In results University of Kentucky researchers are calling “alarming,” more than three out of 10 undergraduates reported using e-cigarettes, according to a new study published in the March 26 edition of the Journal of American College Health.
Melinda Ickes, Ph.D., an associate professor in the Department of Kinesiology and Health Promotion and the principal investigator of the study, along with graduate student Jakob Hester and Amanda T. Wiggins, Ph.D., Mary Kay Rayens, Ph.D., Ellen J. Hahn , Ph.D., RN, FAAN of the UK College of Nursing, and Ramakanth Kavuluru, Ph.D., of the UK College of Medicine, conducted an online survey of 371 students at the University of Kentucky in 2018. Of that sampling, 80 percent were familiar with Juul, a particular brand of e-cigarettes; 36 percent reported using them at least once; and 21 percent said they had used Juul specifically in the past 30 days.
This should sound an alarm, the researchers note, particularly because of a growing body of research showing that the brains of adolescents and young adults are particularly vulnerable to changes caused by nicotine, and early use can trigger lifelong use, increasing the risk of serious health problems, including risk for cancer and heart disease.
“Given the propensity for nicotine addiction among youth and young adults, rates of Juul use are alarming and warrant immediate intervention,” the authors wrote in their publication, “Prevalence and reasons for Juul use among college students.”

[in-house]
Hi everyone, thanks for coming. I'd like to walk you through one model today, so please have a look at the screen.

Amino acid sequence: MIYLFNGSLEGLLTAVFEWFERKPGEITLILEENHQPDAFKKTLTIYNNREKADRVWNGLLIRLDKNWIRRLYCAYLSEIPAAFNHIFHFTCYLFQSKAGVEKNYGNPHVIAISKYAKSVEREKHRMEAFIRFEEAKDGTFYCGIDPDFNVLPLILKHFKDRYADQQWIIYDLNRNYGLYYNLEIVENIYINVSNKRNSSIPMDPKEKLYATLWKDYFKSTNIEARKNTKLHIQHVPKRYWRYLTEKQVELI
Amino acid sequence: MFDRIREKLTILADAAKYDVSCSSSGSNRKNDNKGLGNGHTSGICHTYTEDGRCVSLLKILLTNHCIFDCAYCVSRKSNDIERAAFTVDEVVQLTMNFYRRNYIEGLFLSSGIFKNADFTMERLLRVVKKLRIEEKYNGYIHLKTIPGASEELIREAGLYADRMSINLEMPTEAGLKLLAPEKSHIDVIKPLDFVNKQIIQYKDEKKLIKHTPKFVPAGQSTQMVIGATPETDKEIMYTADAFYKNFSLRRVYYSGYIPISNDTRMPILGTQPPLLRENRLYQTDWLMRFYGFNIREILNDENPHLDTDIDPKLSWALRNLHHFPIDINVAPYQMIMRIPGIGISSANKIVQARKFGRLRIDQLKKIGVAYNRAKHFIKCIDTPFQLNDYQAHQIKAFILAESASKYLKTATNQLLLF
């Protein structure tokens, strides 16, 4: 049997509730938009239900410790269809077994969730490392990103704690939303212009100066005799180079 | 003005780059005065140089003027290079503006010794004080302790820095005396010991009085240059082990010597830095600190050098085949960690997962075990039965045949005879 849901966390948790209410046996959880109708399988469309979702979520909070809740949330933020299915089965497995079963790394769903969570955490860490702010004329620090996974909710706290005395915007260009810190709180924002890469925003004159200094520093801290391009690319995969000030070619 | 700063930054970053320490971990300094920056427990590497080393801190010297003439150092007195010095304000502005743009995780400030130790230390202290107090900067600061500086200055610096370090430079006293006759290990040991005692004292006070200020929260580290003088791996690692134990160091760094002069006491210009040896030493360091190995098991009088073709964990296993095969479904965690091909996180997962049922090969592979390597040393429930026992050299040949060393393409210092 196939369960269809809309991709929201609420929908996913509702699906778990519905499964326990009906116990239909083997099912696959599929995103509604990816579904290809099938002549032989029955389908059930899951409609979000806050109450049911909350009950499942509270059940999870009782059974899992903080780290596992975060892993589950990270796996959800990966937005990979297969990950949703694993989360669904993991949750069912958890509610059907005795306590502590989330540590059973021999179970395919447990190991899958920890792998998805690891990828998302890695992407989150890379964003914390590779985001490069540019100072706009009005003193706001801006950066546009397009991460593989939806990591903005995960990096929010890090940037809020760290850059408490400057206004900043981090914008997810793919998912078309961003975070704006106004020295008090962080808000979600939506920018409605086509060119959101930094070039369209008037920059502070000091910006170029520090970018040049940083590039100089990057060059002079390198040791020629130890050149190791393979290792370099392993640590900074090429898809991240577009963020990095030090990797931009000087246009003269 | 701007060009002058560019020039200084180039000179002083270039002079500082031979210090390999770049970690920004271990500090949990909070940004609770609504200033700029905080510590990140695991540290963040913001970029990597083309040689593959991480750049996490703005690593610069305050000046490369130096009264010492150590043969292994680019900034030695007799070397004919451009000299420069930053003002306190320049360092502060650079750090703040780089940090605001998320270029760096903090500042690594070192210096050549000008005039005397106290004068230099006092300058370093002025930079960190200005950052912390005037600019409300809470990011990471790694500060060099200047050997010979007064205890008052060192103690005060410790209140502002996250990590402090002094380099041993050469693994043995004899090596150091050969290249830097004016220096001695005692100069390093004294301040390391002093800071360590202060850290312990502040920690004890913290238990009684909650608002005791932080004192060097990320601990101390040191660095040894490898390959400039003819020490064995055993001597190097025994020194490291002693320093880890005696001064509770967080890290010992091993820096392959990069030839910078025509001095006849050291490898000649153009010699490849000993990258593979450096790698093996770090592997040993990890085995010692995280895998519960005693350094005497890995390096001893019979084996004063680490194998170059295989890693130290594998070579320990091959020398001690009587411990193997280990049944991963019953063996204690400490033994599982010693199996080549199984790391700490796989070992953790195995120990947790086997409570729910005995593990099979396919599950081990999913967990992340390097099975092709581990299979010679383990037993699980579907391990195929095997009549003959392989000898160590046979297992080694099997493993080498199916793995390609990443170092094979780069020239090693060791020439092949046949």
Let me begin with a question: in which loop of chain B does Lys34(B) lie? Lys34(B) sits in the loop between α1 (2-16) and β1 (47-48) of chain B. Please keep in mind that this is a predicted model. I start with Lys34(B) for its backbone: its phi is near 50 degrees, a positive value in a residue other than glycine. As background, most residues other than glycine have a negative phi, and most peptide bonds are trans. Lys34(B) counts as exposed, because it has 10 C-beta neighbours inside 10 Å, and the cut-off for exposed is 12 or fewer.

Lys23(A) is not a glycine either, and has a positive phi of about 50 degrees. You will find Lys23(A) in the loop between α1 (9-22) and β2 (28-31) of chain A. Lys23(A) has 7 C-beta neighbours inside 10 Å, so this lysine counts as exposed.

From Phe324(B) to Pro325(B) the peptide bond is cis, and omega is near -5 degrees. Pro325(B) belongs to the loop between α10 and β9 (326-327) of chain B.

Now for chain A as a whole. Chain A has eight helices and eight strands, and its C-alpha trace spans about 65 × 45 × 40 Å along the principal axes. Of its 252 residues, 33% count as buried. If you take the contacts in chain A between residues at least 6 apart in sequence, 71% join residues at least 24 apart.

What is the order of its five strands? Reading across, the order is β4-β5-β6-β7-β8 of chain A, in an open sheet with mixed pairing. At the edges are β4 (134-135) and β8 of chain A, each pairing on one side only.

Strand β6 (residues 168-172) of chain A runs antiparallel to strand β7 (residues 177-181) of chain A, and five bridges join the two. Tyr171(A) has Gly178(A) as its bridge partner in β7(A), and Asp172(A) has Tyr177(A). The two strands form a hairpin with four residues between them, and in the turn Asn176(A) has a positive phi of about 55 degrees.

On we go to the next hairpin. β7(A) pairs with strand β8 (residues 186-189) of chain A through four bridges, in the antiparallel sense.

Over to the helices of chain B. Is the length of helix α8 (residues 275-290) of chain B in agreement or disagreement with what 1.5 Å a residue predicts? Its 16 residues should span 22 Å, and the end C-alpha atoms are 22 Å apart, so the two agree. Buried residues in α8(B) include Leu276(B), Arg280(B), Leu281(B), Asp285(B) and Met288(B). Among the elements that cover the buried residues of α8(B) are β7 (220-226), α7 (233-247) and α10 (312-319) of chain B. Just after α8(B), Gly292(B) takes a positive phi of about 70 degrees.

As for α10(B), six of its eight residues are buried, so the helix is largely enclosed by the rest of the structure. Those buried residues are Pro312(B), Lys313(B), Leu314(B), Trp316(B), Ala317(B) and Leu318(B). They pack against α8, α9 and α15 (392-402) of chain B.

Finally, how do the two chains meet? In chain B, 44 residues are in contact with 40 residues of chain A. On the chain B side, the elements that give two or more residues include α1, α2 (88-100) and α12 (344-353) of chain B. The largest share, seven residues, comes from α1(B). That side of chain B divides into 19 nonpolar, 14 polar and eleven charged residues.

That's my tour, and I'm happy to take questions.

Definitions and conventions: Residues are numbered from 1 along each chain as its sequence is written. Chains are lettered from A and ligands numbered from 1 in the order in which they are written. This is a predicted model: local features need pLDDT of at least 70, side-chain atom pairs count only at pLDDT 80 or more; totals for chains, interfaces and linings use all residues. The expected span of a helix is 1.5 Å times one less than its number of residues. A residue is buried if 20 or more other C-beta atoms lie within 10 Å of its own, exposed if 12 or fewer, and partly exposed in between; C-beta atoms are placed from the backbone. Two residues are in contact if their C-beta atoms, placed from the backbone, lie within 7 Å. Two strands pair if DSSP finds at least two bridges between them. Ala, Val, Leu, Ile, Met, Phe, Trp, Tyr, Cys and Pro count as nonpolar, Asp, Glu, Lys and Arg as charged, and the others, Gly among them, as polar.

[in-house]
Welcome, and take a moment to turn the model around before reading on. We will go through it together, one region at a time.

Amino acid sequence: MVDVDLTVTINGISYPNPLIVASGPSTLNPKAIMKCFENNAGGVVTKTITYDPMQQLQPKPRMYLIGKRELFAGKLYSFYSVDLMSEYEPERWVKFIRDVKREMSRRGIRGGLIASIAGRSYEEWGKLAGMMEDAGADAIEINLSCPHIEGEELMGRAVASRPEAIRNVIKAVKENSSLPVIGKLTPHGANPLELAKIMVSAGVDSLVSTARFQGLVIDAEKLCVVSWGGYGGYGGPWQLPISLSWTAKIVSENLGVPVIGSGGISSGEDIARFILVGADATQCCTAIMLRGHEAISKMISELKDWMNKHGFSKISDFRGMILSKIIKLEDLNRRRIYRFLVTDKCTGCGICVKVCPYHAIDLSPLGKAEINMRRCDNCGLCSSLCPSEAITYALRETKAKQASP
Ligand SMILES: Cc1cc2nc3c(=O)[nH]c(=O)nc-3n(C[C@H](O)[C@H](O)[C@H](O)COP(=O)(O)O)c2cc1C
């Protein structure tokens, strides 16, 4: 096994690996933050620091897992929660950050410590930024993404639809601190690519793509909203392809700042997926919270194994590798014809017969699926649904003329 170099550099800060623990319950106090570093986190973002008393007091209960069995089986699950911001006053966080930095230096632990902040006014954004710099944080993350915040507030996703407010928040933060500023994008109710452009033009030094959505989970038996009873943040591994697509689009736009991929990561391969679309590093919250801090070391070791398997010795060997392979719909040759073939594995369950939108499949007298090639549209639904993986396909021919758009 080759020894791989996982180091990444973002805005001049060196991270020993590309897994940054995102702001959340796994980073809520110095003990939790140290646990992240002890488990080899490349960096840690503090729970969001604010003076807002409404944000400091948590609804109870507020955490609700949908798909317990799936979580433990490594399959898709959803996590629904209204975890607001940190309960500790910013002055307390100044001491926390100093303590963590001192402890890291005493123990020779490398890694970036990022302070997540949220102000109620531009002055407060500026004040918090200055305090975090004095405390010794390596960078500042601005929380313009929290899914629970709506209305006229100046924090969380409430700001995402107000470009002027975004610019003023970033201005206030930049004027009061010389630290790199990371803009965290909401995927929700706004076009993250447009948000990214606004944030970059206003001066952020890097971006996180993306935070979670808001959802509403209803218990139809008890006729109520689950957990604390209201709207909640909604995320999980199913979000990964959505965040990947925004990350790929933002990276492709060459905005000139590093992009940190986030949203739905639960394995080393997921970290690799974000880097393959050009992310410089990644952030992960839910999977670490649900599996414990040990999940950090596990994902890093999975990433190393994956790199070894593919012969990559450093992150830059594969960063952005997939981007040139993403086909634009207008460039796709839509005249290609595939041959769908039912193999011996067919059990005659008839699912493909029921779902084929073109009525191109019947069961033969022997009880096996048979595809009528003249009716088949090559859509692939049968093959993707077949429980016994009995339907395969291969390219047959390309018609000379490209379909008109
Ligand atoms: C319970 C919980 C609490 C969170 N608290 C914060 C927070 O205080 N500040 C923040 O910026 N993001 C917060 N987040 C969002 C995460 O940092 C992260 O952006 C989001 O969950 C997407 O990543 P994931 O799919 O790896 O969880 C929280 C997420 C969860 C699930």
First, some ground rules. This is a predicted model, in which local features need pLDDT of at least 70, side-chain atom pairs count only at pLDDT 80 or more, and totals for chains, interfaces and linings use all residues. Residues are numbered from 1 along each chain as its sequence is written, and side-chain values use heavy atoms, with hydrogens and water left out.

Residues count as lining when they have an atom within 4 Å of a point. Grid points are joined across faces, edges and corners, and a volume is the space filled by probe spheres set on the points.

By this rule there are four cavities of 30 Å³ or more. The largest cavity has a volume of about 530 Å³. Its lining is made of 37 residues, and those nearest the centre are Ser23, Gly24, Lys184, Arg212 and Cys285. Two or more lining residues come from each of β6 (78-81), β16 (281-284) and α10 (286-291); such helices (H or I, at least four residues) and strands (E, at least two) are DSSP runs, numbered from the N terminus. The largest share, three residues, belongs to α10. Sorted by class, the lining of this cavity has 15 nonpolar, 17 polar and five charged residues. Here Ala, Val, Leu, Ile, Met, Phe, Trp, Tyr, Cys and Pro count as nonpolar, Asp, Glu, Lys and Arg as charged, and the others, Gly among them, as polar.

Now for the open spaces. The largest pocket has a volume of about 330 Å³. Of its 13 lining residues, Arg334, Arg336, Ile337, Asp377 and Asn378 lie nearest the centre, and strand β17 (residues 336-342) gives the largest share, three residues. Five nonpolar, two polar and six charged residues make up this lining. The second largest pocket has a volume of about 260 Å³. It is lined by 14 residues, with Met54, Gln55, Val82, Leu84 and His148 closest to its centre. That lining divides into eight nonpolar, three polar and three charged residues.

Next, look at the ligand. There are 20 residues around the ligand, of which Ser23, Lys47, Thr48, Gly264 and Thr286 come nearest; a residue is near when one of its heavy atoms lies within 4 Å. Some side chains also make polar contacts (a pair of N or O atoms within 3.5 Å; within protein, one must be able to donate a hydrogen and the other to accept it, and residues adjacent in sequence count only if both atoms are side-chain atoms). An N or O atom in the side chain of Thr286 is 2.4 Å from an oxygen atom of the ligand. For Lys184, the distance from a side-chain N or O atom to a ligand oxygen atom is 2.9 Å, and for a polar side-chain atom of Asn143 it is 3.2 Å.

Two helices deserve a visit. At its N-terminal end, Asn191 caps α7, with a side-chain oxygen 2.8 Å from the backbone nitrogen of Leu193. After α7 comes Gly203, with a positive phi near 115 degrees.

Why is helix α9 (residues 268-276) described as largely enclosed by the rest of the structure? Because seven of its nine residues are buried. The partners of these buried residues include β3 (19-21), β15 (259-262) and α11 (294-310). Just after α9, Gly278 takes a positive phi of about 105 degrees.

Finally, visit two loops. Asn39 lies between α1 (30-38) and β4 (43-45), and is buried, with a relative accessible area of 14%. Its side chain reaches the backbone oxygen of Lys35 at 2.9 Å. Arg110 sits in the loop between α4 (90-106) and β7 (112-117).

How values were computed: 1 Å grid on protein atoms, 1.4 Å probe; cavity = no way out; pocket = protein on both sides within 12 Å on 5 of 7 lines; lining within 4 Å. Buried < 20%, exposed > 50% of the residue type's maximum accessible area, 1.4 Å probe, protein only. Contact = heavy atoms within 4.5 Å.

Risk factors for Juul use were males, undergraduates, white/non-Hispanic, and those who also smoked traditional cigarettes. Current users chose Juul because it was easier to use and had less of the objectionable odor associated with traditional cigarettes.
Peer pressure played a large role in Juul use among the students who responded to the survey. The students tried e-cigarettes out of curiosity and because their friends were doing it, the researchers found.
Given the findings of the 2018 study and the significant increase in use among youth, the researchers are currently conducting a follow-up study to determine risk of initiation during the freshman year of college. Ickes and colleagues found that among the almost 1,800 incoming students (i.e., now freshmen) who participated, 43% reported ever use and 24% current (past 30 day) Juul use. These rates are even higher than those from the 2018 study.
Ickes notes that these findings underscore the need for prevention programs such as their recently developed #iCANendthetrend program, in which Ickes and Elizabeth Whitney, Ph.D., an assistant professor in the Department of Kinesiology and Health Promotion, work with student ambassadors to promote e-cigarette awareness and refusal techniques for middle and high school students through a "peer-to-peer" model. Thanks to the support of the Kentucky Department of Public Health, since its inception, the program has reached more than 2,000 students across Kentucky.
"The findings of our research reinforce youth are increasingly at-risk for addiction to these products, so we must intervene early. Both prevention and treatment efforts in elementary, middle, and high schools, as well as on college campuses, are necessary. We are lucky students have access to tobacco treatment resources on UK’s campus through University Health Service, so those who need help quitting have a built in support system," Ickes said. “The response to our #iCANendthetrend program has been amazing, and we look forward to continuing these efforts next year. We know that to truly evoke change, we need consistent messaging, multiple opportunities to educate and have discussions with students, and we need to support effective tobacco control efforts that can help change this trend statewide.”
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